November 24, 2013. Cyberspace. The notoriously corrupt and repeatedly convicted multi-national bank JP Morgan Chase discovered something last week it apparently wasn’t aware of – the entire world believes the financial corporation and all its executives are, well, evil. That’s not our word either. After only six hours on Twitter, the bank was repeatedly called just that – evil.
One of the many sarcastic tweets sent to #AskJPM befor the project was cancelled. Image courtesy of MathBabe.org.
JP Morgan’s social media team thought it would be a great idea to produce a publicity campaign called, ‘#AskJPM’. With the fast pace and limited space, Twitter seemed to be the perfect platform. But when Vice Chairman Jimmy Lee logged onto the bank’s Twitter account only moments after the opening bell on the day Twitter went public, he tweeted, ‘What career advice would you ask a leading exec at a global firm? Tweet a Q using #AskJPM.’ The response was one derogatory, sarcastic, accusatory question after another. After six hours, the entire promotion was scrapped.
The puppets can hear you
It took only a few hours worth of spiteful and accusatory emails, always in the form of a question per the bank’s request, for JP Morgan Chase to shut down their Q & A idea. But the often hilarious questions from the bank’s critics and victims were now on the internet, forever. Immediately, re-tweets, memes and even video parodies began going viral, all taking pleasure in JP Morgan’s pain.
One of those videos found its way to YouTube compliments of The Puppets Can Hear You. It’s a two-minute clip of award-winning actor Stacy Keach on stage doing a dramatic reading. Except he’s only reading the tweets from the JP Morgan #AskJPM Q & A session. The Puppets Can Hear You added in, what else, a blue puppet who dramatically read the JP Morgan Twitter feed’s tweets, while Keach read the questions from the Twitter Universe.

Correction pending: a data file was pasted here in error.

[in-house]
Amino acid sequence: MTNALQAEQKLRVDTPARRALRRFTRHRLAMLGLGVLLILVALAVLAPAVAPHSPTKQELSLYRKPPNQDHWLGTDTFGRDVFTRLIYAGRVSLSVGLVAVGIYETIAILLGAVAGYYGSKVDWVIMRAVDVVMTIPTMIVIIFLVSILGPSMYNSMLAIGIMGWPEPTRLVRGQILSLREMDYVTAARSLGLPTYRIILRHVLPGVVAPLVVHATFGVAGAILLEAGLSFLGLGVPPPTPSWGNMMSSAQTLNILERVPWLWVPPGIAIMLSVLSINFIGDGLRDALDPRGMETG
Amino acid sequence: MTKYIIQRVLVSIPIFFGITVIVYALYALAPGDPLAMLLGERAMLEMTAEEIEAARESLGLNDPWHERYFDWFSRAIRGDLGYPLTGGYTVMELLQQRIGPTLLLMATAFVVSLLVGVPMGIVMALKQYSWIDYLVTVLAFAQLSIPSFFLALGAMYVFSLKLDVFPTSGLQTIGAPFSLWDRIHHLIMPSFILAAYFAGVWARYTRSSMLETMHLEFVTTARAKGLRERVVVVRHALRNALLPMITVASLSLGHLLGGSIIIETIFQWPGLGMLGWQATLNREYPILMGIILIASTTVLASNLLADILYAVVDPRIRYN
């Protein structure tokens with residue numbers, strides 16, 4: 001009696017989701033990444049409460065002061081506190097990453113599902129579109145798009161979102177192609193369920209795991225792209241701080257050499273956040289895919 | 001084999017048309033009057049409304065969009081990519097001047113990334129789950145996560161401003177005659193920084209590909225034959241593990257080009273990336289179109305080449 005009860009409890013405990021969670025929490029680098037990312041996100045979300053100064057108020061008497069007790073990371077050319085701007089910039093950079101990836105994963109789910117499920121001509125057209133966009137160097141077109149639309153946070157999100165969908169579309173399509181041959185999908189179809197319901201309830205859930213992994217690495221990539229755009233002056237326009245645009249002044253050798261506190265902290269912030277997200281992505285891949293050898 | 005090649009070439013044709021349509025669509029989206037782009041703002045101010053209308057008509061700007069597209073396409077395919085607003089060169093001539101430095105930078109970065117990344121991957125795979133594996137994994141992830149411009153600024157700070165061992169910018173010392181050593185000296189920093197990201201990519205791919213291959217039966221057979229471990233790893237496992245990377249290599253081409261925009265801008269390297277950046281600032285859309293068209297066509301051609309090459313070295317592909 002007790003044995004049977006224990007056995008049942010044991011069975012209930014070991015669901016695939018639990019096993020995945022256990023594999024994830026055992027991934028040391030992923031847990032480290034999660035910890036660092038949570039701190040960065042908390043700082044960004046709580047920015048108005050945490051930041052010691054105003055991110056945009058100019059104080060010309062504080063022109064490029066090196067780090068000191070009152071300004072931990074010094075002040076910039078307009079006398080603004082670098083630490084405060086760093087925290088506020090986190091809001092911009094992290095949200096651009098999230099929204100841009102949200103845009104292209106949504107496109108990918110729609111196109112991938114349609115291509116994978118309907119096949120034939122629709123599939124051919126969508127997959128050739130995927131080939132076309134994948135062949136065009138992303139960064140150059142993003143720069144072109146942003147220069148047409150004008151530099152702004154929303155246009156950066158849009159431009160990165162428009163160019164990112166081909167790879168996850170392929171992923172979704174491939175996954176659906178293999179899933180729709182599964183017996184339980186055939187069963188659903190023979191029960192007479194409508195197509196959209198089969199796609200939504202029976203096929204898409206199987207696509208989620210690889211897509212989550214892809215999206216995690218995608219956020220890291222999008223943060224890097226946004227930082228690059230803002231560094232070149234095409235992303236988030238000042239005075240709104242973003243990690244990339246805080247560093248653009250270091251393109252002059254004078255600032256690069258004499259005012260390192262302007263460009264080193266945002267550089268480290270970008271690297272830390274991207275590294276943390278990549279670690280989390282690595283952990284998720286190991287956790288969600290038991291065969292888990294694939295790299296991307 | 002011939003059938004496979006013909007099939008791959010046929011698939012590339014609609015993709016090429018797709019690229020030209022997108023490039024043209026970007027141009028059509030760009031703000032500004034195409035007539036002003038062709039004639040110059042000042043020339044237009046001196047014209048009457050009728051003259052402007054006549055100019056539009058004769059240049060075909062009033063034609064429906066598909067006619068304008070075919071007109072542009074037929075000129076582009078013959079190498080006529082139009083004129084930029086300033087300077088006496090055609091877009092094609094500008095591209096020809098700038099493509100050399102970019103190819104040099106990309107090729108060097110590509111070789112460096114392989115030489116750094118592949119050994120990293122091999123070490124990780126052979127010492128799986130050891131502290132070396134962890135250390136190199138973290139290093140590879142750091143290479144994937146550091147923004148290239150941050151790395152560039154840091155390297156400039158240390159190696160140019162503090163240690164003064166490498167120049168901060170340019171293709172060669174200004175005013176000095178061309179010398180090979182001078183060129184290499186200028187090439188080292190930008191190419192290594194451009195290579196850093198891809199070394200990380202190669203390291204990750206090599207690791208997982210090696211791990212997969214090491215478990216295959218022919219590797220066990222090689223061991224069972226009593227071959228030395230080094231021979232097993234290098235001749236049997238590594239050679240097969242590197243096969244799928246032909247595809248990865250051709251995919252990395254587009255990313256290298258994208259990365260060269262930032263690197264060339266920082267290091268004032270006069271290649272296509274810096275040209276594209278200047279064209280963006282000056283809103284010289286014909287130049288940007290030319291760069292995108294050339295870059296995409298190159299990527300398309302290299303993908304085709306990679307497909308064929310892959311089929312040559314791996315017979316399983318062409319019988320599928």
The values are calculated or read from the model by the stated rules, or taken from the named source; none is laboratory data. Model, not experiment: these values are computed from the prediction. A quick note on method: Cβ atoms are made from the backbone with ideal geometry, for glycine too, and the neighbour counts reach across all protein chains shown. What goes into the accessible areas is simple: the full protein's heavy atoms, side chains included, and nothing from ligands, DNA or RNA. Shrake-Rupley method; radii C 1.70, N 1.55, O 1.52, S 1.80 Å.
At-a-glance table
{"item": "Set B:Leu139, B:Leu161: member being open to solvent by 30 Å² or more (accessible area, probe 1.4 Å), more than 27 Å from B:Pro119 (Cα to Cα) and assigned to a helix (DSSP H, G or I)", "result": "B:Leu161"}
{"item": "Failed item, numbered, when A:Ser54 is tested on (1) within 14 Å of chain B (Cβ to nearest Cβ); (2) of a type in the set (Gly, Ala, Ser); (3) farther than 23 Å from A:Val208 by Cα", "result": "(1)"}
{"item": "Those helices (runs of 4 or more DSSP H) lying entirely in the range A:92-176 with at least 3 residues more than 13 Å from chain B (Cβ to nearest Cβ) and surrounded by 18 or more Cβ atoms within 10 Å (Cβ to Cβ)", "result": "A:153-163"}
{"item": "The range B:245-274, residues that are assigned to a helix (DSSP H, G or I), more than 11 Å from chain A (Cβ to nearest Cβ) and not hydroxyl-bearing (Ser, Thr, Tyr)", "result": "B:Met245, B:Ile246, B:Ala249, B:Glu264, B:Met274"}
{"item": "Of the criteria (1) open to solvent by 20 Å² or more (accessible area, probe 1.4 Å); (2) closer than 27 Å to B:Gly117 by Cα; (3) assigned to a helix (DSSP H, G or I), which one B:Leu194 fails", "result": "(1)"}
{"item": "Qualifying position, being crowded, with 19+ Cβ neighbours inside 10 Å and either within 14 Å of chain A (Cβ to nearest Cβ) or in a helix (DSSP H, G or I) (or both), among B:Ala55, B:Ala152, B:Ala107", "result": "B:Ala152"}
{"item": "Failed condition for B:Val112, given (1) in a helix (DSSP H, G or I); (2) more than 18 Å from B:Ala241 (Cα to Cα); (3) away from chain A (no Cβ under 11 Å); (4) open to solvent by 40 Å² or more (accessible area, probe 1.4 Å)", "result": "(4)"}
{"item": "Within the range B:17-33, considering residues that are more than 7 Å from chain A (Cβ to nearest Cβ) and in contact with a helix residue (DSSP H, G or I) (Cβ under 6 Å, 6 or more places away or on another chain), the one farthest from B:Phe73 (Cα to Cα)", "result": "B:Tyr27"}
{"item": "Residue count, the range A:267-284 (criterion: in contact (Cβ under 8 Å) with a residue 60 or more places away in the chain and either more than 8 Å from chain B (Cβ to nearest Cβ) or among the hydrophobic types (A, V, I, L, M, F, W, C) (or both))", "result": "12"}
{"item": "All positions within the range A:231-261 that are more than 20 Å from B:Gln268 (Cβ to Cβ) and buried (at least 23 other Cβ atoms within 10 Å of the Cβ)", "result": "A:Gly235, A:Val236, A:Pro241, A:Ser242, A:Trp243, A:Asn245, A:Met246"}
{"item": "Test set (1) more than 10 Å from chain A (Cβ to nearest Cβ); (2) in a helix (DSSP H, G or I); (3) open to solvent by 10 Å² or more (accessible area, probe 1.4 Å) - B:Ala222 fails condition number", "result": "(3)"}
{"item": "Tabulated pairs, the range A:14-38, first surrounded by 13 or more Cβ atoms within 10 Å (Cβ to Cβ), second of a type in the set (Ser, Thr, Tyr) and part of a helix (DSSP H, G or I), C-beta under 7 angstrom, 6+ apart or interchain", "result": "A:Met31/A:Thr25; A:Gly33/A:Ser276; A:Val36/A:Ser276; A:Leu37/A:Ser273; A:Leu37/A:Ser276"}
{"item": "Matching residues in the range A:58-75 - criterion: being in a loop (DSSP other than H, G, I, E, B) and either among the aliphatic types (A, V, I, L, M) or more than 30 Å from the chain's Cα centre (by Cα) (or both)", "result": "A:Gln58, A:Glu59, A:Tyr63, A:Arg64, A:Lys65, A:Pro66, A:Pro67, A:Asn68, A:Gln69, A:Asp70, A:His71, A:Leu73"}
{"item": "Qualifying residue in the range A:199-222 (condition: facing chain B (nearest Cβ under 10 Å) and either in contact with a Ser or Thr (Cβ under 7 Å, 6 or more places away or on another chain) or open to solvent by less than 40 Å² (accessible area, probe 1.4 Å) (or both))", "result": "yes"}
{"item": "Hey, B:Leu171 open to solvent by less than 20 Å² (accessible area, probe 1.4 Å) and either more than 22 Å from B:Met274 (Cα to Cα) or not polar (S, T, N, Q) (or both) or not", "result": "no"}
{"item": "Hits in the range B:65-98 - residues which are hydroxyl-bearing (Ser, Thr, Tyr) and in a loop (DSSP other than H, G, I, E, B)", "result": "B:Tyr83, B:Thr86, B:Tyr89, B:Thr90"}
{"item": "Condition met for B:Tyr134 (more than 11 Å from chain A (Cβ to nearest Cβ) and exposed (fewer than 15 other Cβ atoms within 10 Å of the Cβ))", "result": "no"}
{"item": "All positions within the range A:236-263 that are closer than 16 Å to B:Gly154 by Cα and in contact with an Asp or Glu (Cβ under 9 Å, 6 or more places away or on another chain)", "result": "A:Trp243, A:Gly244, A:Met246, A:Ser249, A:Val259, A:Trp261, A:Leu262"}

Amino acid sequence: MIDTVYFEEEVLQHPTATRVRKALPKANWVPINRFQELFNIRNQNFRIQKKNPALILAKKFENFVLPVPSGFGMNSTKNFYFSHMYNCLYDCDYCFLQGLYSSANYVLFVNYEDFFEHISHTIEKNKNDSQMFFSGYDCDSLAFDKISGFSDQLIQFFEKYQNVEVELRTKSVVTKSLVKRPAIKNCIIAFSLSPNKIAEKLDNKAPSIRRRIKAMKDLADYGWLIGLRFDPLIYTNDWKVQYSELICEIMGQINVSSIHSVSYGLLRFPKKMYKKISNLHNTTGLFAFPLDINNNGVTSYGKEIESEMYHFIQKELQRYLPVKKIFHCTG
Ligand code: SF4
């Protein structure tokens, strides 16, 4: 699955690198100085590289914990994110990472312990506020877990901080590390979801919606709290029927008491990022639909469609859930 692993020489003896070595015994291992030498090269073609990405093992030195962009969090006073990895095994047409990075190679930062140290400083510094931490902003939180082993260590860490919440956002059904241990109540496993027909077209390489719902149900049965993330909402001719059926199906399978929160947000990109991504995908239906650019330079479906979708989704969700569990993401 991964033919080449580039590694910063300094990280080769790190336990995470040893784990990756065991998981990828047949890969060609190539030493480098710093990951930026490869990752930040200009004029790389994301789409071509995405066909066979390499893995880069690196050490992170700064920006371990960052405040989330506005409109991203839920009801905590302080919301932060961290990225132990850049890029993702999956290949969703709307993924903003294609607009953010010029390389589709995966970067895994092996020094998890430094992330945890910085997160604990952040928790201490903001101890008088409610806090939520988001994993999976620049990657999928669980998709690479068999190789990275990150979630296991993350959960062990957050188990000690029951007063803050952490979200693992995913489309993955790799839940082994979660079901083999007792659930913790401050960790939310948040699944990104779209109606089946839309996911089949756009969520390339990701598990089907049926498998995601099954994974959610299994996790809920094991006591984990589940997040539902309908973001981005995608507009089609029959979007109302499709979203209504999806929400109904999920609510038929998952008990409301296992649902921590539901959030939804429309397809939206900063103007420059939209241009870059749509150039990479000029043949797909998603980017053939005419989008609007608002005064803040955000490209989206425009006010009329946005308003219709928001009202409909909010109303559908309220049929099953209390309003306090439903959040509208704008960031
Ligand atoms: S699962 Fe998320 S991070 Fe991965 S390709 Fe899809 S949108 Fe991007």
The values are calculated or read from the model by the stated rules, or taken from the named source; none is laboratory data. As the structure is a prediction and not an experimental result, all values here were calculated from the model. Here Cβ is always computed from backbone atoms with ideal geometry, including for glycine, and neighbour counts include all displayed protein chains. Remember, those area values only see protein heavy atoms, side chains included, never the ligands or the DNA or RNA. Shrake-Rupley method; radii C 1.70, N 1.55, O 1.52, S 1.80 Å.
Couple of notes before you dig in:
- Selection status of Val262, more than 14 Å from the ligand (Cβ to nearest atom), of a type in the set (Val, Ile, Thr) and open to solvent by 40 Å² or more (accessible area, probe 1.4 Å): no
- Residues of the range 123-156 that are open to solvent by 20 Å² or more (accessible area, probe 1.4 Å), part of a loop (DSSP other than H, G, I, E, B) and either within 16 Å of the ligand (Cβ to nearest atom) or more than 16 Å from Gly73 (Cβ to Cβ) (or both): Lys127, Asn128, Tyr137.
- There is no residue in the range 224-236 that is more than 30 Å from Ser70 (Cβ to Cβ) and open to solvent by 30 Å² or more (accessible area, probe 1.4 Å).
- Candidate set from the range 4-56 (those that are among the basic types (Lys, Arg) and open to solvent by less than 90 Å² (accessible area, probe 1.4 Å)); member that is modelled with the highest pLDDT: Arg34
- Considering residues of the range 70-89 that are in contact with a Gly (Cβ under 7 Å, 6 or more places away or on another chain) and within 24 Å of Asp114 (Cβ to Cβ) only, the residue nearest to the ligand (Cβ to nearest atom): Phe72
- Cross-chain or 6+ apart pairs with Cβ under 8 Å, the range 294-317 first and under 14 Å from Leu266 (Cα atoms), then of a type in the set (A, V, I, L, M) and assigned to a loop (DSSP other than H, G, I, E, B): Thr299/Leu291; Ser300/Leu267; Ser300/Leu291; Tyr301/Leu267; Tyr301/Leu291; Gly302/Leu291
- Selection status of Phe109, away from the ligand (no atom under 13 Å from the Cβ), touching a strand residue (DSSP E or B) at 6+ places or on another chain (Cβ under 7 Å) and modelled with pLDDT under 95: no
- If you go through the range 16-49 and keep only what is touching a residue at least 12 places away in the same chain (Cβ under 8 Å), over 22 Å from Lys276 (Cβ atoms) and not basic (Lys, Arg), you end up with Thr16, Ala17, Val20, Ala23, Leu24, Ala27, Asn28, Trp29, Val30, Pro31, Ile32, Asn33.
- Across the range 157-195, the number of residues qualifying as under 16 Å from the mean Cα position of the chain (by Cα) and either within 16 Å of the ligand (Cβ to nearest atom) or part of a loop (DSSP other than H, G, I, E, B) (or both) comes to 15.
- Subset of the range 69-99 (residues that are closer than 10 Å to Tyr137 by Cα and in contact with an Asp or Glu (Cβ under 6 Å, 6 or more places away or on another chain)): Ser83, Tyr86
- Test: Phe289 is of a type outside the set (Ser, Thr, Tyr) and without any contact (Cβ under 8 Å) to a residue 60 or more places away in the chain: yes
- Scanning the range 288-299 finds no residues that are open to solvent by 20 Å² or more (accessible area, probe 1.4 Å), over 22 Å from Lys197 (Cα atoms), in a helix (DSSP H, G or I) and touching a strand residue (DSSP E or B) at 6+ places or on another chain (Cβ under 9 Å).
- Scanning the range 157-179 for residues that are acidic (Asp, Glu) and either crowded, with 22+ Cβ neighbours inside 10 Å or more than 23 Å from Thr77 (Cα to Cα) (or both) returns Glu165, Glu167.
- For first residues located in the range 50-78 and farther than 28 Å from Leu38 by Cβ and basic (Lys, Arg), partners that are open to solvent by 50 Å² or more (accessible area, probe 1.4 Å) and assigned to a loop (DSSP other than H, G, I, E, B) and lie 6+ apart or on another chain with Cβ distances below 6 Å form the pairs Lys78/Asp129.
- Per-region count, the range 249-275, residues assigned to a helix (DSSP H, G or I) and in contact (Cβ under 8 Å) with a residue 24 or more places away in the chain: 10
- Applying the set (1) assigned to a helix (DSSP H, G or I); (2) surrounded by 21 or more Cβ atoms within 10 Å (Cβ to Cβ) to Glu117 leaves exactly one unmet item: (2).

Actual question from #AskJPM, dramatically read by Stacy Keach (from ThePuppetsCanHearYou):
It’s at the end of the six-hour self-inflicted abuse session on the bank’s Twitter account, the bank tweets, ‘Tomorrow’s Q&A is cancelled. Bad idea. Back to the drawing board.’ But if JP Morgan officials thought they’d heard the end of it, they were sadly mistaken. The bank’s millions of victims seem to relish in the ability to stick it to the bank that’s too big to fail and too big to jail, no matter how meaningless and inconsequential the momentary act of frustration might be.
One is the loneliest number
It didn’t take long for the firestorm against JP Morgan to reach epic proportion. Business Insider reprinted additional Tweets to #AskJPM, including some from some supposedly unbiased members of the financial press. Joining CNBC’s Stacy Keach, Bloomberg News’ Matt Levine tweeted a ridiculous question seemingly meant to show how ridiculous JP Morgan’s hollow effort was. Below are some more of the tweets from the campaign:
Digging through the six-hour list of tweets to JP Morgan, the New Yorker found some more of interest, again, including some from the press like a tweet from an editor at the Atlantic (from the New Yorker):
Amazingly, there was still more. The investigators from Global Research dug through the Twitter feed and found some more interesting tweets from the six-hour #AskJPM session (from Global Research):
Probably the most astonishing aspect of the entire episode is how different society sees JP Morgan Chase. Our television sets tell us they’re just one more respectable financial institution. But through the truth serum of the internet and social media, we learn that we’re not crazy. JP Morgan Chase really is evil. Apparently, just ask anyone.
Recent Whiteout Press articles:
1. Supreme Court rules Drug Co.'s exempt from Lawsuits (283,471)
2. Courts quietly confirm MMR Vaccine causes Autism (276,259)
3. DHS graduates Homeland Youth (229,170)
4. Lady Gaga, Satanism & the Illuminati (136,090)
5. Obamacare, RFID Chips and 666 (94,914)
Support Indy-Media - Support Whiteout Press